I have had quite a year full of loss and heartache. Unfortunately, this means I have learned quite a lot about grief. Everyone always wants to bring food, something about comfort and not having to cook. When my dad died I had a couple of names for this food. At first, I called it 'Dead Daddy Food', it was crash and ugly and I only used the term twice, it just didn't set right. Then I moved on to calling it 'Widow Food' but that didn't last either, because it upset my mom. Finally, I have decided to call it 'I'm Sorry Food'. My mom does not enjoy this phrase either, but it truly is the truth about the food people bring.
With that being said, there are all kinds of other things people who are grieving need besides food.
Toilet paper, paper towels, paper plates, and even tissues. These things seem very minute, but when you don't want to cook or do the dishes or clean, things that can be thrown away are a life saver.
Here's the thing, laundry happens even when you don't want to do anything. So bringing laundry detergent, dryer sheets, laundry baskets and other common laundry items is a GREAT idea. No one is going to want to go to the store so if you have already supplied what they need it makes this minuscule chore easier to do.
I know this sounds silly, but when it comes time to sort through the loved ones personal belongings, trash bags are good to put them in.
When someone passes you don't want to cook, go anywhere, and you are spending thousands on a funeral. Gift cards are a great sympathy gift because they can go to Walmart when they finally run out of gifts. They can even hit up the closest Taco Bell when they are tired of the honey ham everyone keeps bringing over. Trust me, this one is gold.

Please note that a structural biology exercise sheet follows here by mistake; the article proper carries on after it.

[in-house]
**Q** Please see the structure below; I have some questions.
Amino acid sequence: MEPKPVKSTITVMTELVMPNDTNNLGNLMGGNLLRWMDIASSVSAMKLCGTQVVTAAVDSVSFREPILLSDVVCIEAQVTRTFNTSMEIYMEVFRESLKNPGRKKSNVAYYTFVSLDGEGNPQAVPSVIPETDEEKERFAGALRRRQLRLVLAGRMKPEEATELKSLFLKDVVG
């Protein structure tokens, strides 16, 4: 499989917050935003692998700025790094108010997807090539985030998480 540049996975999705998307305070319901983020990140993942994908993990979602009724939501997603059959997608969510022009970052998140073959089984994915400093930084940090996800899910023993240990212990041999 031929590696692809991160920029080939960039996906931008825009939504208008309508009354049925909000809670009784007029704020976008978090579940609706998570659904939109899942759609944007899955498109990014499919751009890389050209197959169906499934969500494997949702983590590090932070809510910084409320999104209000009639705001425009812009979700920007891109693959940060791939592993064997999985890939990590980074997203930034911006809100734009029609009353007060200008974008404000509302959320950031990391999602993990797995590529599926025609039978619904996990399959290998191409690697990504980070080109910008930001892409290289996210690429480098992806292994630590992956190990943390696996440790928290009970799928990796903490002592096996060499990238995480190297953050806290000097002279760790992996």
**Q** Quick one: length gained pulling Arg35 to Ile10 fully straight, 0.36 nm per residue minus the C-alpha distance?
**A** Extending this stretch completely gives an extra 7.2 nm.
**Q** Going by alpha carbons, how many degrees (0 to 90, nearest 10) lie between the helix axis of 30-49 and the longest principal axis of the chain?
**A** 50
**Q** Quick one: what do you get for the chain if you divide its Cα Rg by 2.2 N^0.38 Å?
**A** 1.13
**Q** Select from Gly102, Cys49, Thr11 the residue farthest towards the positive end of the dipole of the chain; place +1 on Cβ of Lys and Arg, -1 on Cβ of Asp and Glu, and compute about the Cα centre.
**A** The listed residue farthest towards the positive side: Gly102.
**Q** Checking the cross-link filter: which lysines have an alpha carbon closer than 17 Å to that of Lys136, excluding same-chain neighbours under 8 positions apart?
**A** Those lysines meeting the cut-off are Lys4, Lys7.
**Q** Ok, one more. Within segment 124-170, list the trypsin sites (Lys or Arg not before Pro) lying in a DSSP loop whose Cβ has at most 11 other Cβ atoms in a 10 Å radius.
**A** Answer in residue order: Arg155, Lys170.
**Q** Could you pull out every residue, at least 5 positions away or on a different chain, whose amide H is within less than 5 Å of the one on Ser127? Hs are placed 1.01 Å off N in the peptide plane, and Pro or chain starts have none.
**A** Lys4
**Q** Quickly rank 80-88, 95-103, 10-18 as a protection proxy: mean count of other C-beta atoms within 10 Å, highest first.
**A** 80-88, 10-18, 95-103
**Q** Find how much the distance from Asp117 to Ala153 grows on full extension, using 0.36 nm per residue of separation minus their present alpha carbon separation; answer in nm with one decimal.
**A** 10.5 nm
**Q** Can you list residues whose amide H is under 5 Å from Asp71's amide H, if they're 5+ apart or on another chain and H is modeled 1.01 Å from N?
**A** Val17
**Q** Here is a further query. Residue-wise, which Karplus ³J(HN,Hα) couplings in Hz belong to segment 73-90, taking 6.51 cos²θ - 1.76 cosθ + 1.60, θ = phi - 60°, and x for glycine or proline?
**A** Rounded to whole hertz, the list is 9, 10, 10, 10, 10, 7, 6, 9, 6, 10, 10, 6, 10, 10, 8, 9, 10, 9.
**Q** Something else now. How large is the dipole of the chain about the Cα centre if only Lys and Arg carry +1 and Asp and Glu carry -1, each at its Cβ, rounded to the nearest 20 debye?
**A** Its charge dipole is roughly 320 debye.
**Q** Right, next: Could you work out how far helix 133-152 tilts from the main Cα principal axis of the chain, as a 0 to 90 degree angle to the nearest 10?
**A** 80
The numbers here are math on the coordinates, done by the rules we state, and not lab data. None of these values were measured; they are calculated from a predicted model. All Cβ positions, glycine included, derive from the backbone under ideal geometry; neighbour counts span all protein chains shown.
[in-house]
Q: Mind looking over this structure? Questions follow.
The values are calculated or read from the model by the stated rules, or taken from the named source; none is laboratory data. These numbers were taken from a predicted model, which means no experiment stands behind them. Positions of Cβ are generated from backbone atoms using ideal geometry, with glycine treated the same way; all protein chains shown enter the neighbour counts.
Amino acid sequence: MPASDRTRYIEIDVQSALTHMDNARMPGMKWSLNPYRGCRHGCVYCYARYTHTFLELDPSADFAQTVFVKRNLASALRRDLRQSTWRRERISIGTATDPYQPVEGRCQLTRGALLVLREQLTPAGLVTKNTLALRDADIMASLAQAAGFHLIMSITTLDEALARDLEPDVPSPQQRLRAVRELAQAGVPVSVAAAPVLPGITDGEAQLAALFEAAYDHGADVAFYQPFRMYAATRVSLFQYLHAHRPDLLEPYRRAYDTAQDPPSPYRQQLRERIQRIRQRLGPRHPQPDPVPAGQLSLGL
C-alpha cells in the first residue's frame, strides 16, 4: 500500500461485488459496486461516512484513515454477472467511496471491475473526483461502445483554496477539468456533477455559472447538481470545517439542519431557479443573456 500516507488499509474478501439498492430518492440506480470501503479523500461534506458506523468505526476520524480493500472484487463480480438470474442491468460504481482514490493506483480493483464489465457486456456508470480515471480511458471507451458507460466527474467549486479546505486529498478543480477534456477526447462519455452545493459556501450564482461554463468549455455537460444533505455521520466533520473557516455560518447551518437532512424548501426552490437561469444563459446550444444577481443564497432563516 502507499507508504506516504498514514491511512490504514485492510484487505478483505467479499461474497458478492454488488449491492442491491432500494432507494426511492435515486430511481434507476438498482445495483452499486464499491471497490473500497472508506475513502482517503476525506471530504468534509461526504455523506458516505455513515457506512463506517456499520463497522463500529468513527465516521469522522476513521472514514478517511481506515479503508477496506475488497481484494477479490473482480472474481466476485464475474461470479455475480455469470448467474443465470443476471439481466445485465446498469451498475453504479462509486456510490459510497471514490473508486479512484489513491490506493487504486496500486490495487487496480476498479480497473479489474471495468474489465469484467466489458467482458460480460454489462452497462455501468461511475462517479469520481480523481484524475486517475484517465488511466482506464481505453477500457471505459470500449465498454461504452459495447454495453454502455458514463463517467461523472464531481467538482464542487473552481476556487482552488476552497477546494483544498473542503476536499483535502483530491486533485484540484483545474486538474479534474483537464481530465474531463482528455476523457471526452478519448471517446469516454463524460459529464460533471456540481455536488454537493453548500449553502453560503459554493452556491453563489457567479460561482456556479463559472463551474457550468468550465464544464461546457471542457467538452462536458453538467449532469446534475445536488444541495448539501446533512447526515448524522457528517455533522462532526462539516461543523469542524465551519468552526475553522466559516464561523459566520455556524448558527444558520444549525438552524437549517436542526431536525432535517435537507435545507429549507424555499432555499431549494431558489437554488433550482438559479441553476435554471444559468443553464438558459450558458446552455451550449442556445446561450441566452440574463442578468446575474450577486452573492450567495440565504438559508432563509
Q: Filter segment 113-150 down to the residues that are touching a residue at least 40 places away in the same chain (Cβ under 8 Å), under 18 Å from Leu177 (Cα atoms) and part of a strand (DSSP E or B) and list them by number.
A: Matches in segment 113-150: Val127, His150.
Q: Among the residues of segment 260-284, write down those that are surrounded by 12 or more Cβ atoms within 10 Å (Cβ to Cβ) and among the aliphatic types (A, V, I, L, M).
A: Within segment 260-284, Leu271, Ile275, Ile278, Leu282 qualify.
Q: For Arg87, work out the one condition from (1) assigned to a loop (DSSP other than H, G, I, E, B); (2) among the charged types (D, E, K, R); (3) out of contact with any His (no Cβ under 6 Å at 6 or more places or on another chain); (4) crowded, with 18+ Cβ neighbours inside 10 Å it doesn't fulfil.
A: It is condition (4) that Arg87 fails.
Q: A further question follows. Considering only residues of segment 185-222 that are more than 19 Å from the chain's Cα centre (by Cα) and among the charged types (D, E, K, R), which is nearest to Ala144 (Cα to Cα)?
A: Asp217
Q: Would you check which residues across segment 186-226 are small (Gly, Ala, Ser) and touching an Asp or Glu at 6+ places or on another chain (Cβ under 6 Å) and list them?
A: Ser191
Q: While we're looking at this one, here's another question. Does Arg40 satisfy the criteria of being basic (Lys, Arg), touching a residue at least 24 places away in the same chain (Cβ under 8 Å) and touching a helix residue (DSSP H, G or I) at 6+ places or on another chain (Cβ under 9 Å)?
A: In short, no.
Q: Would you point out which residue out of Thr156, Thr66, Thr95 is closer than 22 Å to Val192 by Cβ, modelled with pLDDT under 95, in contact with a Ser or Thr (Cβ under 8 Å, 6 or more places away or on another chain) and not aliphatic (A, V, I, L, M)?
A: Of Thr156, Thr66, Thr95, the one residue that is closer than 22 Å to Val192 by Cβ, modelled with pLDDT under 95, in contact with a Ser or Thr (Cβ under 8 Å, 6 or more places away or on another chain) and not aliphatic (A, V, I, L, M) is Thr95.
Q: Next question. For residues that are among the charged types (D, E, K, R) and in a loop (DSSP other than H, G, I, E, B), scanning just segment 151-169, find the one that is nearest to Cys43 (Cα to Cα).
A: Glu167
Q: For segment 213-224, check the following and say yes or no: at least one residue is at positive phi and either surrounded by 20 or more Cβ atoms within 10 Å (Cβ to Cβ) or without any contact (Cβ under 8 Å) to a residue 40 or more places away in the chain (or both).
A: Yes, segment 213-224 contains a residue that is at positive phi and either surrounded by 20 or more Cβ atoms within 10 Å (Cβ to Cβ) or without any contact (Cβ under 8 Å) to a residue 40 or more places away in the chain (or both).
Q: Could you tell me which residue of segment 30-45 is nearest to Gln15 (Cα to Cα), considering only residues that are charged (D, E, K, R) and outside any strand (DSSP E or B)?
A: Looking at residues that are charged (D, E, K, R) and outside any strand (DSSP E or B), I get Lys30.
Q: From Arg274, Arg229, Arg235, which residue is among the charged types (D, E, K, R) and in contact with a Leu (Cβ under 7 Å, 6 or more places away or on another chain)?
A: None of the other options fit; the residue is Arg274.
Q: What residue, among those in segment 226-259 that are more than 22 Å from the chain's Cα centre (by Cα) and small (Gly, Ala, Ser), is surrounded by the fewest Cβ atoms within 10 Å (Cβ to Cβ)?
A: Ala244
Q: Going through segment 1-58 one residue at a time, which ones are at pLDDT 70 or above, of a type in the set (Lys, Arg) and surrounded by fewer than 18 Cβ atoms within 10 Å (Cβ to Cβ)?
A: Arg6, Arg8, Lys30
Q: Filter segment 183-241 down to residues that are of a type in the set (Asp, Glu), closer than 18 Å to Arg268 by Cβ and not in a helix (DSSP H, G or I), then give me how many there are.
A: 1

Very typical, but they really do let the family know you are there. Especially when you write stories in the cards, it's the worst thing they can receive at the time, but when time has passed they will cherish the cards.
Help with small chores
cutting the grass, doing dishes, even folding some laundry. Nothing major, or even to small honestly. The less the family of a deceased loved one has to do the easier their time of grief can be.
When someone dies, there are a lot of errands that need to be taken care of, arrangments that need to be made. Water bottles, help keep everyone hydrated and they are easy to dispose of, and they won't have to wash any cups they may dirty.
Most of all leave them alone. The family will have enough people calling, texting, sending food/gifts and stopping by their home. And while they appreciate it, they also want everyone to leave them alone and are to polite to say so. They want to be in each others presence and grieve together and know they are not alone.
Despite what you feel or lash out and say, these things ring true. Grieving people appreciate what you will do for them, even if it doesn't make this list. The most important thing to remember is, their life is not completely different, don't expect them to be the same.